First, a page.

It's Valentine's Day and Megan McArdle's thoughts naturally turn to love, which means money. Join me as I mock the woman whose rat-fucking is screwing with my life. Remember, as we rummage through the crystal ball of her head, that McArdle's interests, experiences, and speculations begin and end with herself.
This Valentine’s Day, if you’re in a long-term relationship, resolve to do something really romantic: talk about money.Megan McArdle, M.A., MBA, FU, ignores the fact that outside of the top 10% or so, most couples discuss money every time they go out. Can we afford to go out, where can we afford to go out, what can we afford to eat or drink, what about a babysitter, is there gas in the car, and so on.
In the interests of full disclosure, I should note that my husband spontaneously proposed in the middle of a household budget meeting. You may therefore conclude that the McSuderman household has somewhat … unusual … ideas about what constitutes romance.So what you're saying is that P. Suderman saw your income, bank balance, expenses, and assets and proposed on the spot.
But what’s more romantic than “until death do us part”? And substantial research shows that fights about money are one of the most common stressors on couples, and a very good predictor of divorce. One recent study found that it’s not having money troubles that send couples to divorce court, but the inability to agree on what to do about them.Then that study ignores the stress of poverty and is useless, which is why McArdle later points out that lack of money creates stress.
In a consumer society such as ours, money is fundamental.Yes. Yes, that's very true. We are in a "consumer society." Money is fundamental to consumerism. McArdle has a fine grasp of the obvious. It's not "Consumerism, according to Webster's Dictionary, is-" but it's very close.
Our purchases aren’t just about stuff we’d like to have; they’re about signaling who we are, to ourselves and other people. Money is one of the most important ways we shape choices about our lives. Naturally, when someone else gets involved in those choices, there’s going to be conflict.Not so fast, missy. If your sense of yourself depends on the amount of money you have, you are very confused about both money and identity. When people base their identity on their wealth, they must convince themselves that wealth confers an abundance of positive characteristics on them, even when this is obviously untrue. If your self-esteem depends on your wealth, you are really in trouble. Such people could become greedy beyond words, because adults with no self-esteem almost never are satisfied. Nothing material can feel such a void, although not for lack of trying.
Which brings us back to Megan McArdle.
Those conflicts are obviously made easier when you have more money. There’s margin for error and disagreement without catastrophe or stress. But as financial advisers can attest, a dedicated spender can easily find ways to run through 20 percent more than he or she earns, regardless of how much that is. That spending isn’t necessarily on flat-panel televisions and speedboats; it may be on a house in a good school district. But no matter where the money goes, if you strap two spenders together, they’re both apt to end up in financial disaster. And if you strap one of those spenders to a saver, you end up with years’ worth of fiery arguments.I think we can conclude that P. Suderman, spender, is strapped to M. McArdle, saver. Forever.
I don’t think it’s an exaggeration to say that that budget meeting has been the foundation of my marriage in more ways than one.I believe you. 100%.
We do not agree on all money matters. There is considerable divergence in household views, for example, on the relative merits of high-end stereo equipment and expensive kitchen appliances.I'm not a expert on technological matters but I think "guys spending money on expensive stereos" is passé, although it probably sounds a lot better in her head than "guys spending a lot of money on video cards, speakers, microphones, games, virtual reality equipment, and combustible 'snacks.'"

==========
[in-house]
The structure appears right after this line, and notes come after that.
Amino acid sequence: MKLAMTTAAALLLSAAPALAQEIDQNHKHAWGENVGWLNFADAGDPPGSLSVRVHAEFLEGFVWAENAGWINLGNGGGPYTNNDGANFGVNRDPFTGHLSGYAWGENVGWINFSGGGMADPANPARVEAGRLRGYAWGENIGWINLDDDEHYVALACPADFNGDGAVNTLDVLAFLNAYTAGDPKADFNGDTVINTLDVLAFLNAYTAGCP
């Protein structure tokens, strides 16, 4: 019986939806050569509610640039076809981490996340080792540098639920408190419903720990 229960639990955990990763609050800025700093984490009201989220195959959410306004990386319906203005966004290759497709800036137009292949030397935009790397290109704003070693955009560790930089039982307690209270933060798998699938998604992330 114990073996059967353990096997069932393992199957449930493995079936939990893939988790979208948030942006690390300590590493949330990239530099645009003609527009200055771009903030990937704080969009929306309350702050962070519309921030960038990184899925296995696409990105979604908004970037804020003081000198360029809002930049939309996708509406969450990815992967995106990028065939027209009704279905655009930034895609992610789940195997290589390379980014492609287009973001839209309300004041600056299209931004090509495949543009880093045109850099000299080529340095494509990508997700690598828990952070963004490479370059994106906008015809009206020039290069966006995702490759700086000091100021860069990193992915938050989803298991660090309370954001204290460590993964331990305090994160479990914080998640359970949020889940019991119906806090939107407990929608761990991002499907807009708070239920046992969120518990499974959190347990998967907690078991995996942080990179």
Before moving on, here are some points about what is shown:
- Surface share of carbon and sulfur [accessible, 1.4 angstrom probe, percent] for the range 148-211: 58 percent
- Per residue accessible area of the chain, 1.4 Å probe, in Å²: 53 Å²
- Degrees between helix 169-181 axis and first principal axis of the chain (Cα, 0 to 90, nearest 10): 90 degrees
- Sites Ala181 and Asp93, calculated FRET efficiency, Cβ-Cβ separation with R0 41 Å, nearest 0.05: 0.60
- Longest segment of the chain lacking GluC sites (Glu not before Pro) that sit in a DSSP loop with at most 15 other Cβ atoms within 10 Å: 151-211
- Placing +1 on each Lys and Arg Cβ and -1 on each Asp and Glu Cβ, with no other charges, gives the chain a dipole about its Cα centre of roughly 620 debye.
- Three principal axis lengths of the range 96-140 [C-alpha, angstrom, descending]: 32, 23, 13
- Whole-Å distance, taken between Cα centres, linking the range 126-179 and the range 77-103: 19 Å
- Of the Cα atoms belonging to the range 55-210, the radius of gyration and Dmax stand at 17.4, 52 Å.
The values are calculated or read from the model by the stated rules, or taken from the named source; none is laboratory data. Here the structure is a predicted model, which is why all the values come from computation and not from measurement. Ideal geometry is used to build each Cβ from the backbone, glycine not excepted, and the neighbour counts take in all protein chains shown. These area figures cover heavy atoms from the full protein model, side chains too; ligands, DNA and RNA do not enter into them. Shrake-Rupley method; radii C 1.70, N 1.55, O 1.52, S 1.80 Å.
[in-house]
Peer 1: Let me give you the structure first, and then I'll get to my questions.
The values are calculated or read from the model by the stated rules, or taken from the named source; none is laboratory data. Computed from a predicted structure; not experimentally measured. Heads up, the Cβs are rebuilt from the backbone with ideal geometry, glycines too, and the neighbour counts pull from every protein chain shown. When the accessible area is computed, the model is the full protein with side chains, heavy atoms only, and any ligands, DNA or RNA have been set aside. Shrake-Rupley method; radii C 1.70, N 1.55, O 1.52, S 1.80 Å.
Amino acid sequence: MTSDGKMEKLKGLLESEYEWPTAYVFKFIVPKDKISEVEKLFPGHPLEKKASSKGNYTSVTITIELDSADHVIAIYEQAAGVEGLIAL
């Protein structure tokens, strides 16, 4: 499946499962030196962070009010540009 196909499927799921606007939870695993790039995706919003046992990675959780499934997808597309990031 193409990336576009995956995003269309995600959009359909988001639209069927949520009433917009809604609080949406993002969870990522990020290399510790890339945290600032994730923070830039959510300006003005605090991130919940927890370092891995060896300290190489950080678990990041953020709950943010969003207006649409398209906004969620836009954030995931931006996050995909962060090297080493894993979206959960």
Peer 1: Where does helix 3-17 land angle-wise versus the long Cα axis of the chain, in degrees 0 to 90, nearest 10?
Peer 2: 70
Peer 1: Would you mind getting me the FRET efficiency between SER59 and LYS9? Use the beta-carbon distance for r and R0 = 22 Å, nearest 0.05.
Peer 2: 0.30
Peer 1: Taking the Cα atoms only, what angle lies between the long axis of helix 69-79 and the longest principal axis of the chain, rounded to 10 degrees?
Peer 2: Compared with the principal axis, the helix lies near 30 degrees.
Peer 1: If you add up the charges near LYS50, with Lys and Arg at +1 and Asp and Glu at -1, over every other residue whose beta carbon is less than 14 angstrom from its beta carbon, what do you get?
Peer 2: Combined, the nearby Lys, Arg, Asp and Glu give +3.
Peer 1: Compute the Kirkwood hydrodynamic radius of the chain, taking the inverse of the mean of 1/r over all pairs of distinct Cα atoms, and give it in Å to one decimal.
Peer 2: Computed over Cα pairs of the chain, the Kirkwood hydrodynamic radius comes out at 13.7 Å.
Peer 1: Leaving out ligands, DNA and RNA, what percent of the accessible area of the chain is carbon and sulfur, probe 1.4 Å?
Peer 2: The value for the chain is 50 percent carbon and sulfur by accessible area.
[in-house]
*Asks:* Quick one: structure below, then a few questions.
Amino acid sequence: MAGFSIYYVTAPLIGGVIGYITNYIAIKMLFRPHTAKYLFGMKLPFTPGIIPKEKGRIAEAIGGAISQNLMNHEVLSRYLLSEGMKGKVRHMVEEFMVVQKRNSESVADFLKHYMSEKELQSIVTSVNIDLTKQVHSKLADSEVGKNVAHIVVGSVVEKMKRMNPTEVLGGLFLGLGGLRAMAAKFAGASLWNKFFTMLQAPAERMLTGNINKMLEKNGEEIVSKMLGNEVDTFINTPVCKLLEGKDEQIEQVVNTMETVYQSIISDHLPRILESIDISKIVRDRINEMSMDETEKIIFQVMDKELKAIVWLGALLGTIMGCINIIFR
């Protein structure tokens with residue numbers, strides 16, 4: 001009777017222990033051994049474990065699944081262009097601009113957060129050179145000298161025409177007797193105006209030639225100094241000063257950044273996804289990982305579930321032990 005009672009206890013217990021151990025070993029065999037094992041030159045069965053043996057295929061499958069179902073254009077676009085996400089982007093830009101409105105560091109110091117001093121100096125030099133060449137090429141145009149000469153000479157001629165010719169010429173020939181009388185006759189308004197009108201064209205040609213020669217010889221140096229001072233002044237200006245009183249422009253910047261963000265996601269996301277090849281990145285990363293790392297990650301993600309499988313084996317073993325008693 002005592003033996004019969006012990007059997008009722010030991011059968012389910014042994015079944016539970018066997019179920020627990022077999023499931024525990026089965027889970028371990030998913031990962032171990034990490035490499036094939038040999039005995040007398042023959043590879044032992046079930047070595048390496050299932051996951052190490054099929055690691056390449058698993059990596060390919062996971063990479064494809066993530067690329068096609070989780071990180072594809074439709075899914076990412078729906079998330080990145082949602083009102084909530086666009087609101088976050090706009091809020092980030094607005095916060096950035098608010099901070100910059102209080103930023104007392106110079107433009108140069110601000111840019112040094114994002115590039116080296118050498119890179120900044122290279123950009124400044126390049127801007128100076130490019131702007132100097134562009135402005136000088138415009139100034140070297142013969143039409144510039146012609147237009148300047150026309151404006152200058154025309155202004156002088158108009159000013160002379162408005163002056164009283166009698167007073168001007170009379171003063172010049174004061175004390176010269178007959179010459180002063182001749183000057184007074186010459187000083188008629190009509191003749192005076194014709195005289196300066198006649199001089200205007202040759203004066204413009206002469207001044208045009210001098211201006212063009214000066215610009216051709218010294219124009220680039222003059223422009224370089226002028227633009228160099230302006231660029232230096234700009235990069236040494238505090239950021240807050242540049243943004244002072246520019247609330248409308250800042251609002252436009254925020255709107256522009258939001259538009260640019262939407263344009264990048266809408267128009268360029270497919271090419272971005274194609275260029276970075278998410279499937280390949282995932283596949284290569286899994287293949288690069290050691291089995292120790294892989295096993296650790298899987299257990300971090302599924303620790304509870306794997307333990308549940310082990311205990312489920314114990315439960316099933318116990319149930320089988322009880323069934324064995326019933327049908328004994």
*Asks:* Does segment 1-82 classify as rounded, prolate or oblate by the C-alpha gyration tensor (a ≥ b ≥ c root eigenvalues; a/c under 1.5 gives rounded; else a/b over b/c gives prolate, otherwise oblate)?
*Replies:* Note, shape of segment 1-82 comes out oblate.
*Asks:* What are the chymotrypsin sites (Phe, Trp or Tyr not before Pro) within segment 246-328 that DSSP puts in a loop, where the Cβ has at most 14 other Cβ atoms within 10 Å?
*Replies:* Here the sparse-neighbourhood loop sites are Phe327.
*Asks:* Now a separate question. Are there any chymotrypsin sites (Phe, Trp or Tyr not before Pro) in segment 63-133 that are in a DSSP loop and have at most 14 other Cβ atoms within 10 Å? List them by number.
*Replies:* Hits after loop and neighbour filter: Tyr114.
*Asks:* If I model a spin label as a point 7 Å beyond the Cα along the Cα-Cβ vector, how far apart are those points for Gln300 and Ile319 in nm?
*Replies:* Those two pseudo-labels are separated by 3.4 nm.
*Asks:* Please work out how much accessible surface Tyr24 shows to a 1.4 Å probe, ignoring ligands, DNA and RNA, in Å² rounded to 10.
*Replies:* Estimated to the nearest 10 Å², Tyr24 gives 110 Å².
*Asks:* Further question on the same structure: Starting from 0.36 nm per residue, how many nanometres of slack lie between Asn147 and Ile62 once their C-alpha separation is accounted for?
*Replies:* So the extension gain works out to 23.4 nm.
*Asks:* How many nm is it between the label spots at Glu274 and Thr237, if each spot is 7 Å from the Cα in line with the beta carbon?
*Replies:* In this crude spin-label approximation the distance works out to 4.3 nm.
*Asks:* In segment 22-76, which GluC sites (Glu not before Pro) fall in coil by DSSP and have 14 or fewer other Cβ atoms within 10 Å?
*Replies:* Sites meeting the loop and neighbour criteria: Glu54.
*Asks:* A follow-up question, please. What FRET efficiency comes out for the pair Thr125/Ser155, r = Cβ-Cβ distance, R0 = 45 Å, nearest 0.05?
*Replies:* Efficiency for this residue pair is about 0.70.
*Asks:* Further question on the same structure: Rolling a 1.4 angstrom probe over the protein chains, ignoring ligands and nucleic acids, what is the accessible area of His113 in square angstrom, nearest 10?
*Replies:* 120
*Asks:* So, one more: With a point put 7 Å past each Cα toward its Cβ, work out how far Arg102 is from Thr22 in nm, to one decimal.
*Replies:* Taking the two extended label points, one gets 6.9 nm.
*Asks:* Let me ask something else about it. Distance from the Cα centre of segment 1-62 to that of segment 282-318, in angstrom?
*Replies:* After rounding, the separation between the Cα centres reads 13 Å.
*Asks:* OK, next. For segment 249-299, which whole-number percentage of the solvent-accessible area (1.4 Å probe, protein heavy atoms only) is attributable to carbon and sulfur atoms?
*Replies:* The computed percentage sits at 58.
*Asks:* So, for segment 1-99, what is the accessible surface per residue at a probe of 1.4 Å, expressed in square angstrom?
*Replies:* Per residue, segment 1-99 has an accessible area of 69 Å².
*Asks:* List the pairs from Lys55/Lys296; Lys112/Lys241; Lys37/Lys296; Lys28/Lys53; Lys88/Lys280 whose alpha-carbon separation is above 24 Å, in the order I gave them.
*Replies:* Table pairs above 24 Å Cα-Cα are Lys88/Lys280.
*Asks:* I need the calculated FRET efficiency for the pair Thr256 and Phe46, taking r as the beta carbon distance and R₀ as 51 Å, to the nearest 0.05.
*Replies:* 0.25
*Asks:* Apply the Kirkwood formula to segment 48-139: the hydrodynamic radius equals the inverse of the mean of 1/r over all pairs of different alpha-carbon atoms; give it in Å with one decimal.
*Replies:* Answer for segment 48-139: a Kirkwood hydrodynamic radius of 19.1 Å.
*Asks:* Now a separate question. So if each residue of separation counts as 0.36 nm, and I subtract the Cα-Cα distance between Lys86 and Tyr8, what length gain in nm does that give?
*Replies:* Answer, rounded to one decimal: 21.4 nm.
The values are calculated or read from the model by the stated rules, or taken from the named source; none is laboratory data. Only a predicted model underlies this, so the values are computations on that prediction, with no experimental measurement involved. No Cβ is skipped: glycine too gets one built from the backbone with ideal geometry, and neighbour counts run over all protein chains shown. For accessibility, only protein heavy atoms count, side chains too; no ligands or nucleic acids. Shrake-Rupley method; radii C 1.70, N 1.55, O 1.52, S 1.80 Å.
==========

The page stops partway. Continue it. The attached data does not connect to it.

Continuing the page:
But we did agree that we had to agree on how the money would be spent. And having already had those discussions, through some hard times (Peter was laid off a few weeks after we moved in together) we knew even before we tied the knot that we could come to such agreement.Two libertarians, self-selected for selfishness and mistrust, with the tendency to see those with less wealth as looters and moochers. They can exist both in perfect agreement and inevitable conflict.
Too many courting couples have a delicate reluctance to get down into the nitty-gritty of how they’re going to arrange their money: how much to pool, and how to spend those collective funds. Like a Victorian bride picturing her wedding night, they have only the vaguest notion of what is supposed to happen, but they imagine that money matters will sort themselves out easily as they drift along on a cloud of ecstatic love.To make her unnecessary advice seem more urgent, McArdle invents a narrative of virginal, naïve Mid-Century teenage spouses, shyly opening their purse and wallet to each other for the first time.
What they often get instead is glorious fights when one party wants to put aside 15 percent of their salary for retirement and another 5 percent for emergencies, while the other wants to live for the day and let the future take care of itself.I TOLD YOU SO.
My sympathies are naturally with the careful saver. But we’re not talking about retirement planning today; we’re talking about love. And if you want that love to last, what you do with the money is less important than being on the same page about it.And that page says that they'll save for a rainy day and pay off the mortgage early and put away a lot away for retirement, when the spender is far too old to enjoy it.
Which means that if you’re considering marriage (or a functionally equivalent long-term partnership), you should have that conversation as soon as possible.
That conversation should include near-term budgeting. But it also needs to lay out the long-term goals that you both want, whatever they are: a big wedding, nicer cars, education for the kids, travel, a cushy retirement. You need to try setting a plan.And since the saver has more money than the spender and has already drawn up the budget and spreadsheets and has the MBA while the spender has a kick-ass stereo and an English degree with a concentration in movie reviews, the saver usually gets her way.